Marcia Williams, Head of Diversity at the UK Film Council, said that cinema is powerful and that it impacts on what we know and understand. But it must tell a good story; we need to separate the variables out and just tell good story.

Sally Milne of ITV’s Head of Resourcing and Diversity, reminded the audience that she is selling products to an advertiser and that creativity should be influenced to broaden spectra. Creatives need resource information, and ITV has to stay commercially viable to stay attractive to a wide audience.

Lol Geller, another poor speaker, said the Russians were listening in on his radio network, Community Radio -- this included Latinos, Chinese, Somali, Orthodox Jews, and other minority groups . Hackney has been let loose on radio; Lol said that with the way minority groups are portrayed on radio and TV, no wonder. I disagree. I see the portrayal of minority groups on radio and TV as plentiful and often informative and positive. Lol Geller works from an ex-mini-mart in the East End -- a love lane in killer mile. He said his dad ate fish and chips whilst Lord Haw Haw, the Nazi sympathiser, was saying on radio that Britain was starving. He said ‘News out of a black mouth is same as out of white mouth. But we need input from groups with no voice.’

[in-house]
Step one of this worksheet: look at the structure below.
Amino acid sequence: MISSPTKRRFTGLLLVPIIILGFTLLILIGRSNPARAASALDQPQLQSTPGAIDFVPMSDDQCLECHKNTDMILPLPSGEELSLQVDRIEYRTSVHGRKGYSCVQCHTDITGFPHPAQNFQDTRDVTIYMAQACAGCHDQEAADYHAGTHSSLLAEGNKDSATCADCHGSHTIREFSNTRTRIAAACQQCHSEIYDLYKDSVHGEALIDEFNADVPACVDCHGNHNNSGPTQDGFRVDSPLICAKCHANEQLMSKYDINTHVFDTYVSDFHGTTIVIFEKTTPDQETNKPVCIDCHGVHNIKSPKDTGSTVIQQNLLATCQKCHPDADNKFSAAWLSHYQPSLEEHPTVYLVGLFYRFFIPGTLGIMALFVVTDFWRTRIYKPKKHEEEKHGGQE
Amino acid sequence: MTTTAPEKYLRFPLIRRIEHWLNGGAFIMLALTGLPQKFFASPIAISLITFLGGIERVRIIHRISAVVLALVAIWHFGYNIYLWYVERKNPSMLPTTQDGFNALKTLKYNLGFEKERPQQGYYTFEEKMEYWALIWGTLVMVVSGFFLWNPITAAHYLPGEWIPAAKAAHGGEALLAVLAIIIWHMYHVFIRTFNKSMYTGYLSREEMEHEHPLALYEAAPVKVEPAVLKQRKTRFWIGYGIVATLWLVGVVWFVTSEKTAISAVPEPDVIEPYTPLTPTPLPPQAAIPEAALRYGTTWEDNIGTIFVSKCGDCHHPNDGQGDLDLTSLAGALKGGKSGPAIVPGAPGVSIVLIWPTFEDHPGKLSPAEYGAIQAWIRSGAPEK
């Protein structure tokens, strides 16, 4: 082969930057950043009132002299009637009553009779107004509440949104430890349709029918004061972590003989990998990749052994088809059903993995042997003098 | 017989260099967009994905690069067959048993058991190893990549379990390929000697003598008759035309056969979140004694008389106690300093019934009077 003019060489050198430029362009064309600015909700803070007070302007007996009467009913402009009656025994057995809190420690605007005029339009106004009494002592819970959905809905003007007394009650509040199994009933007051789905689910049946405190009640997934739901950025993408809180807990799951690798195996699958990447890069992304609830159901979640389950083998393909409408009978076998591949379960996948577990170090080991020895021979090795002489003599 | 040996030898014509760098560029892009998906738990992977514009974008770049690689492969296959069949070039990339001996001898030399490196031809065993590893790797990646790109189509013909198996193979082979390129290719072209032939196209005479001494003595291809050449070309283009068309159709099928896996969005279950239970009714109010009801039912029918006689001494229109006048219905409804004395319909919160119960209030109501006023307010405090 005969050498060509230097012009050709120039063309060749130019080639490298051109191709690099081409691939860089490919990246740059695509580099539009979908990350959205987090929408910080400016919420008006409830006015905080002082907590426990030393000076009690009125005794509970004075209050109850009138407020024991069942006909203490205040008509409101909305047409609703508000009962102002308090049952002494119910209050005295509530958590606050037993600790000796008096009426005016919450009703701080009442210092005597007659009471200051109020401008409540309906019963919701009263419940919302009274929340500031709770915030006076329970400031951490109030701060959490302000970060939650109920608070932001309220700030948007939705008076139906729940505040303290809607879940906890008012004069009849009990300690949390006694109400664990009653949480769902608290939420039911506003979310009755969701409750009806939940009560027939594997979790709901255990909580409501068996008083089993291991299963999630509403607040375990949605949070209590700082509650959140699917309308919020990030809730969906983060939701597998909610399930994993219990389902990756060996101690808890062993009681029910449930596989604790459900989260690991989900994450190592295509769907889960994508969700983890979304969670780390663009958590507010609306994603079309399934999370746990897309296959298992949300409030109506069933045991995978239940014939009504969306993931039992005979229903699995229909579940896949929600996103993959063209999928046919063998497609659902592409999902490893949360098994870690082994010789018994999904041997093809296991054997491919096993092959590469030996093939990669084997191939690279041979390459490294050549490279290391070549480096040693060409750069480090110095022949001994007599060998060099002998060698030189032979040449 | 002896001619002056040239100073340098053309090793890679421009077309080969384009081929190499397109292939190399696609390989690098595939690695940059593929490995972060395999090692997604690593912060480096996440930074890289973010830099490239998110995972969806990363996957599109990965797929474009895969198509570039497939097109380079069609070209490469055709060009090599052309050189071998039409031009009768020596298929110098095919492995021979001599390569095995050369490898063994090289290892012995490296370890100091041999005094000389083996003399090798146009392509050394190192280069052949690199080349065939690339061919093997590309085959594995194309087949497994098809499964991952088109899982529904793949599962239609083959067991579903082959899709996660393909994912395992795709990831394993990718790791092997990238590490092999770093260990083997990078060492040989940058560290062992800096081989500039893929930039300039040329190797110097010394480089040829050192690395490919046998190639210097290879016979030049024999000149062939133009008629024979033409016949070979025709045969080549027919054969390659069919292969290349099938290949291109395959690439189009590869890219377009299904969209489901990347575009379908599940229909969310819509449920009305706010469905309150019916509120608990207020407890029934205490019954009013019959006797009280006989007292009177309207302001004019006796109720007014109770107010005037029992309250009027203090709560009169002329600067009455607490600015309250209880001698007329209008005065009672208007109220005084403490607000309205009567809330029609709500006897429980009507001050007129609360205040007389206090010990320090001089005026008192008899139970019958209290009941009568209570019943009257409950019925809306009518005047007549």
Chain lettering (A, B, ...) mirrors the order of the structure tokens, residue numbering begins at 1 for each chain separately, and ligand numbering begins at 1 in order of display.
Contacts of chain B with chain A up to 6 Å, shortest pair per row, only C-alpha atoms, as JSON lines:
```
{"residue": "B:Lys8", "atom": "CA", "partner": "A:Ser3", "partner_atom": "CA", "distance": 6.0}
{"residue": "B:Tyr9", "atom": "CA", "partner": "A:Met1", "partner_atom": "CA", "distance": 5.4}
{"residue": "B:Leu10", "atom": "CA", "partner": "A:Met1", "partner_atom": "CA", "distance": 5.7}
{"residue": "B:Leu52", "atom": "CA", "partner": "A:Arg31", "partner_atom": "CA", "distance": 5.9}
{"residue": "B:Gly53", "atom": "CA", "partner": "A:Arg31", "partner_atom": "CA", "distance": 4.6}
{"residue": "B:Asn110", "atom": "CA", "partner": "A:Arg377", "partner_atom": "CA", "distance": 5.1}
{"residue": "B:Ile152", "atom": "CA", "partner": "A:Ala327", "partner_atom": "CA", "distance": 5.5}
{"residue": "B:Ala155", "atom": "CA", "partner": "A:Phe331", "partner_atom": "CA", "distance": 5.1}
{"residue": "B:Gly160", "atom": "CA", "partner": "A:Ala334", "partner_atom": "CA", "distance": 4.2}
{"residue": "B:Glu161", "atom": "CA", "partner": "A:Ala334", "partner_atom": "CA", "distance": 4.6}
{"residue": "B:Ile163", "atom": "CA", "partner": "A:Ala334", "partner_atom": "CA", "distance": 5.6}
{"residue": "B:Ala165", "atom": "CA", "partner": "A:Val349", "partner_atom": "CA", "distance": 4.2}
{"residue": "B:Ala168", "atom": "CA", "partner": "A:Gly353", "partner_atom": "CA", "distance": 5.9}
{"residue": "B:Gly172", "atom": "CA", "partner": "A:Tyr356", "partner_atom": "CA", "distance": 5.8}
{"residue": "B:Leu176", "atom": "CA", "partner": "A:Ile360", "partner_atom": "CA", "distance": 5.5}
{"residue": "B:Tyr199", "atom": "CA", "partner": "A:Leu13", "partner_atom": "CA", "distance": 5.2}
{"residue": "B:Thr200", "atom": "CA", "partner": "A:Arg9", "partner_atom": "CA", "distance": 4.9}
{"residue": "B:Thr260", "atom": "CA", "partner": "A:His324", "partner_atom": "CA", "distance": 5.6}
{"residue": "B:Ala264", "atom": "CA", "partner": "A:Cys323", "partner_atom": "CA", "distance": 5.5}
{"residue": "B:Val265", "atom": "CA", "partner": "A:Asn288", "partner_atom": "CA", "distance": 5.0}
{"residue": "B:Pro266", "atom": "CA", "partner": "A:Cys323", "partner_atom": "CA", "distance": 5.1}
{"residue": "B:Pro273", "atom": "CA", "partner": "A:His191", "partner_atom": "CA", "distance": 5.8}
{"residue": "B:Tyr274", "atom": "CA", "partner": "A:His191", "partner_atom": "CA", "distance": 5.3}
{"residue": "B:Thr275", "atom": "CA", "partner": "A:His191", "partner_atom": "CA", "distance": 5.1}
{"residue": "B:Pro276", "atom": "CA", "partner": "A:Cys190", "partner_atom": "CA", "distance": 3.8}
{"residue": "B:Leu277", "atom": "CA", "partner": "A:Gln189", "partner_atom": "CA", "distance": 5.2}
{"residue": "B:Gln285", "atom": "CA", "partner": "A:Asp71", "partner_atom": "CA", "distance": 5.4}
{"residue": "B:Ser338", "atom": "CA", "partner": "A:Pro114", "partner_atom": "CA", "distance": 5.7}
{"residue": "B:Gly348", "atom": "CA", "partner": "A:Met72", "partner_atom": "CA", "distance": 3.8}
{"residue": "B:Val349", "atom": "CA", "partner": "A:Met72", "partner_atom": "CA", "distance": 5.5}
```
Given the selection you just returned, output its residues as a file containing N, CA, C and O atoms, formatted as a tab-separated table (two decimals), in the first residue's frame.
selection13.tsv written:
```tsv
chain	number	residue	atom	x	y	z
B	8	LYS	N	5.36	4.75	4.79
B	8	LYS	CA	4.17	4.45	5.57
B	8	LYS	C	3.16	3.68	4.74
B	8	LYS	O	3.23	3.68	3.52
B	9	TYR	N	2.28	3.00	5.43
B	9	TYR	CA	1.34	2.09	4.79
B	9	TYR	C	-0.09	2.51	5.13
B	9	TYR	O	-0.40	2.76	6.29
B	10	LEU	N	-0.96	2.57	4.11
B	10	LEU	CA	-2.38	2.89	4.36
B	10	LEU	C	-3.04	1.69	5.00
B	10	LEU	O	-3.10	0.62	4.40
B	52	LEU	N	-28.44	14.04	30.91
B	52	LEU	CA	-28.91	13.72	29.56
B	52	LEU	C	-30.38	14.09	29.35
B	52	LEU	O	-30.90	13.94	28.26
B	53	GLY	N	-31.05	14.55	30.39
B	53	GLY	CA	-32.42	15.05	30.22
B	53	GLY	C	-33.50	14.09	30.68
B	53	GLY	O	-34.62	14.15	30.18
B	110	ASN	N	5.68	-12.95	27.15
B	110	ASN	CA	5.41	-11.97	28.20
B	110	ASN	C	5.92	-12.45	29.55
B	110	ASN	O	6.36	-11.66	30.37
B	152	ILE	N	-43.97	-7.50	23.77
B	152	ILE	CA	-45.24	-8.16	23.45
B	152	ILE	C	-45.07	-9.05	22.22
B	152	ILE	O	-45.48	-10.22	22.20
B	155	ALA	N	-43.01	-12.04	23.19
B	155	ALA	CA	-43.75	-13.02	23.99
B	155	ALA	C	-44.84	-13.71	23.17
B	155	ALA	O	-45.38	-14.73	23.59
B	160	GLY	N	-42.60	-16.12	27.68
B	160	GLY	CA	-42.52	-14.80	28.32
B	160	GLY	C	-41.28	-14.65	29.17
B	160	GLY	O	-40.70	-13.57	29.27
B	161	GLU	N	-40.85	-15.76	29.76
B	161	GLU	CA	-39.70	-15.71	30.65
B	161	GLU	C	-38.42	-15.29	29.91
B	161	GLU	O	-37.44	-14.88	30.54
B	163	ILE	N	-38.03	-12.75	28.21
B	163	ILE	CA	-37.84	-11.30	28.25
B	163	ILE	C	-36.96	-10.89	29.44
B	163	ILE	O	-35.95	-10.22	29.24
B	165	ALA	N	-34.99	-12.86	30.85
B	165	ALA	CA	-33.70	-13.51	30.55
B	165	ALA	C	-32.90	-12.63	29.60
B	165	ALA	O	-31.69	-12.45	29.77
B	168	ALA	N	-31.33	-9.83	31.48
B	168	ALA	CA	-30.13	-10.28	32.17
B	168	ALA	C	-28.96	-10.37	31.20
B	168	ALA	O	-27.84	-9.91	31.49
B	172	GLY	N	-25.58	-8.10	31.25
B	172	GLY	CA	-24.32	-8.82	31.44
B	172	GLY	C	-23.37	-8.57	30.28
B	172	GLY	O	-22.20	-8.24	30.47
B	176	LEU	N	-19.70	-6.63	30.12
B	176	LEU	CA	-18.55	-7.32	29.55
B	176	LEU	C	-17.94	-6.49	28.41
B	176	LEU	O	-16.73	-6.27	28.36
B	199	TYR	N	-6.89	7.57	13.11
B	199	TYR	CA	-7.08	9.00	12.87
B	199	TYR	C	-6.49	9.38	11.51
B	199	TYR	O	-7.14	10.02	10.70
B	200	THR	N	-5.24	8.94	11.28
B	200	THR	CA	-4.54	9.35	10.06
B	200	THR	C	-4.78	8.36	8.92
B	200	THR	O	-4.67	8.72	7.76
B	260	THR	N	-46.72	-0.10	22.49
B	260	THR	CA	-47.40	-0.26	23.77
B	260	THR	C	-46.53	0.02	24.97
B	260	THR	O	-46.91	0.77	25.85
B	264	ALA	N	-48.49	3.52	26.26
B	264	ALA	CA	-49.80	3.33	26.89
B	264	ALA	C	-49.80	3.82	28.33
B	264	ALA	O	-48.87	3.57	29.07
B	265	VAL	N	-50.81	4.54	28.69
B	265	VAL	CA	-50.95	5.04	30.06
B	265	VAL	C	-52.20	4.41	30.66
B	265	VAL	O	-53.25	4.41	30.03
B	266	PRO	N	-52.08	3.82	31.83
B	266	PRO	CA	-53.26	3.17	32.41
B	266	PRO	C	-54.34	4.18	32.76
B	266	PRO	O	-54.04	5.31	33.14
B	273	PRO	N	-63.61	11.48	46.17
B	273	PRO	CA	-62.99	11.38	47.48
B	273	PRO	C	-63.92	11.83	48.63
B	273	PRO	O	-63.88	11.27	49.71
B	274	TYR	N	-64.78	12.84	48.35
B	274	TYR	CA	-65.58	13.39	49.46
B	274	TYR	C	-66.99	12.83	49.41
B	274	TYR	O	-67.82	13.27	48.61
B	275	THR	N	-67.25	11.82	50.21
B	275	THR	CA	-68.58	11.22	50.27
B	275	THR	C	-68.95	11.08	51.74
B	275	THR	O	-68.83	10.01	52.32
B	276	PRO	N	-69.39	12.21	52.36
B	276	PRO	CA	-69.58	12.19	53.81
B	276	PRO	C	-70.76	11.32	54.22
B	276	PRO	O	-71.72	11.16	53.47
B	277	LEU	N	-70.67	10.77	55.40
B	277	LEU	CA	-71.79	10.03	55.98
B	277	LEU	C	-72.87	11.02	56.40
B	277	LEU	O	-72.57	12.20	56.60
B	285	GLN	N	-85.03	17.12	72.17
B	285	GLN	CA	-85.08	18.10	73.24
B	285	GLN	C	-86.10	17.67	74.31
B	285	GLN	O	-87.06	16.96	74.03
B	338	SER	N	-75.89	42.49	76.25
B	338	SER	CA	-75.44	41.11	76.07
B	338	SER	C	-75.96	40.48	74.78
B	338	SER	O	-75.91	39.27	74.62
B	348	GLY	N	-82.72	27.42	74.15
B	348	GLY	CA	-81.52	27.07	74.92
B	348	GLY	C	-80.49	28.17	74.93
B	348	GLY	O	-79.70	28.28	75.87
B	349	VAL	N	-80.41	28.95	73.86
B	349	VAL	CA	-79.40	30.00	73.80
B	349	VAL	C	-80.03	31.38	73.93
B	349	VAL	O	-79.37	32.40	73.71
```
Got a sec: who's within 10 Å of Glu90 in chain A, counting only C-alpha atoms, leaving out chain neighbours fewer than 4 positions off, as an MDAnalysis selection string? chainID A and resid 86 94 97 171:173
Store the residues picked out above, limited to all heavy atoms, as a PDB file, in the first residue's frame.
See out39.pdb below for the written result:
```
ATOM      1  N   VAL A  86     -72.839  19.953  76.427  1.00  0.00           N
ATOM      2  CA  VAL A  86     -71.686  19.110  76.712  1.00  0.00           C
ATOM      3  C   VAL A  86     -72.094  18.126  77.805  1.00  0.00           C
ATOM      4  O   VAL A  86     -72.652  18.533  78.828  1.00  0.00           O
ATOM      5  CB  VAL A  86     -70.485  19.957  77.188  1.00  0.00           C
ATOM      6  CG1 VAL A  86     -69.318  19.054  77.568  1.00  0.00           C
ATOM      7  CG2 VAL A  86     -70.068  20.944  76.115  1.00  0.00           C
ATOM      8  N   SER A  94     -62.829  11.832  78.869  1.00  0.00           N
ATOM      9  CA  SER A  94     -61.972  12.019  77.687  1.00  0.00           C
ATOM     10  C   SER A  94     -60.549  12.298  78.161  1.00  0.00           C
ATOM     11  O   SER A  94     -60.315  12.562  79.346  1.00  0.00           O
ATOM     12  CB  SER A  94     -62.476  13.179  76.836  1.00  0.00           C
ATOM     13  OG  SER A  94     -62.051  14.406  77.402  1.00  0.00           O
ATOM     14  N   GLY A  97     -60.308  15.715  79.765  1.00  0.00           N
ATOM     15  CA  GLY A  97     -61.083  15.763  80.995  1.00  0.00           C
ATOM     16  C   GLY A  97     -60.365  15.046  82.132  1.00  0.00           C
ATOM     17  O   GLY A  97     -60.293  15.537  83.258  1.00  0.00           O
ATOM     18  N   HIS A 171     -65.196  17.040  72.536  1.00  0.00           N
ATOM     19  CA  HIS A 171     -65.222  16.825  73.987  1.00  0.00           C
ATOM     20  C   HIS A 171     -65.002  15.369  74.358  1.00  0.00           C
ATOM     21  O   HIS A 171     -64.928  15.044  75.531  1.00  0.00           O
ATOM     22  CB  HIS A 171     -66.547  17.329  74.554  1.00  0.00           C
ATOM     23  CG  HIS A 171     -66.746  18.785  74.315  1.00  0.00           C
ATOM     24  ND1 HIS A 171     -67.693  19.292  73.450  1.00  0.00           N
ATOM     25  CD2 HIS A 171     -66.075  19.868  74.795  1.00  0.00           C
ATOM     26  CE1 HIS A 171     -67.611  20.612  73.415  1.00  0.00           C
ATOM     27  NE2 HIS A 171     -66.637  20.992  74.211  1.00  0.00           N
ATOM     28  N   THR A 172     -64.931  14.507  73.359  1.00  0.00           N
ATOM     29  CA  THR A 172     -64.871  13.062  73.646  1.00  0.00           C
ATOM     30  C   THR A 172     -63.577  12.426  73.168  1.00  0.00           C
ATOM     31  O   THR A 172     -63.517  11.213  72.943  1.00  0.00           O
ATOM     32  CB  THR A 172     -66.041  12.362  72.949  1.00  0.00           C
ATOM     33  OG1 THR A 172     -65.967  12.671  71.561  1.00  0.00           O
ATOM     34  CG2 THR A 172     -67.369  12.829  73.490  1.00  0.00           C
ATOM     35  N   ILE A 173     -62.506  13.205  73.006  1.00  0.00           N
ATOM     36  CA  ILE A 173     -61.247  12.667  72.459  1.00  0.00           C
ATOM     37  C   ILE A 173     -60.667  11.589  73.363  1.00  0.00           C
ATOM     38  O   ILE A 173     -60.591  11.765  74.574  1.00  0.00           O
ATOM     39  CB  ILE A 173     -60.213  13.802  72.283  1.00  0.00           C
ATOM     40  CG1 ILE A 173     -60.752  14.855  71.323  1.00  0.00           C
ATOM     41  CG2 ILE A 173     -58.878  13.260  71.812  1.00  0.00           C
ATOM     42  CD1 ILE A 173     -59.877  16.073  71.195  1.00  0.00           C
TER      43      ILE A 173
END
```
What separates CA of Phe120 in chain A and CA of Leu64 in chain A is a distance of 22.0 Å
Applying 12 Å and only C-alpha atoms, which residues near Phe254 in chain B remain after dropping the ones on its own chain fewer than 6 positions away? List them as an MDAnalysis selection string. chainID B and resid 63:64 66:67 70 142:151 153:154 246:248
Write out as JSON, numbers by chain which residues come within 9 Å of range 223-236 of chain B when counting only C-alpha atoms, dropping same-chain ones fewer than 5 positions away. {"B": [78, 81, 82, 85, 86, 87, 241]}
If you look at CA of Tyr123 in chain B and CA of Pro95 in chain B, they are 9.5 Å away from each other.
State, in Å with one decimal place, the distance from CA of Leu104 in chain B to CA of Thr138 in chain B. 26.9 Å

Baroness Uddin ended the day with the observation that the seminar was ‘Bringing it from the coalface.’

My feeling about this event was that it was an airing of grievances by individuals who feel left out of the mainstream but who seem to see the world with the cup half empty. I see the cup half full. Britain has unparalleled multicultural content and personnel in its media. It is a time for celebration, not lamentation.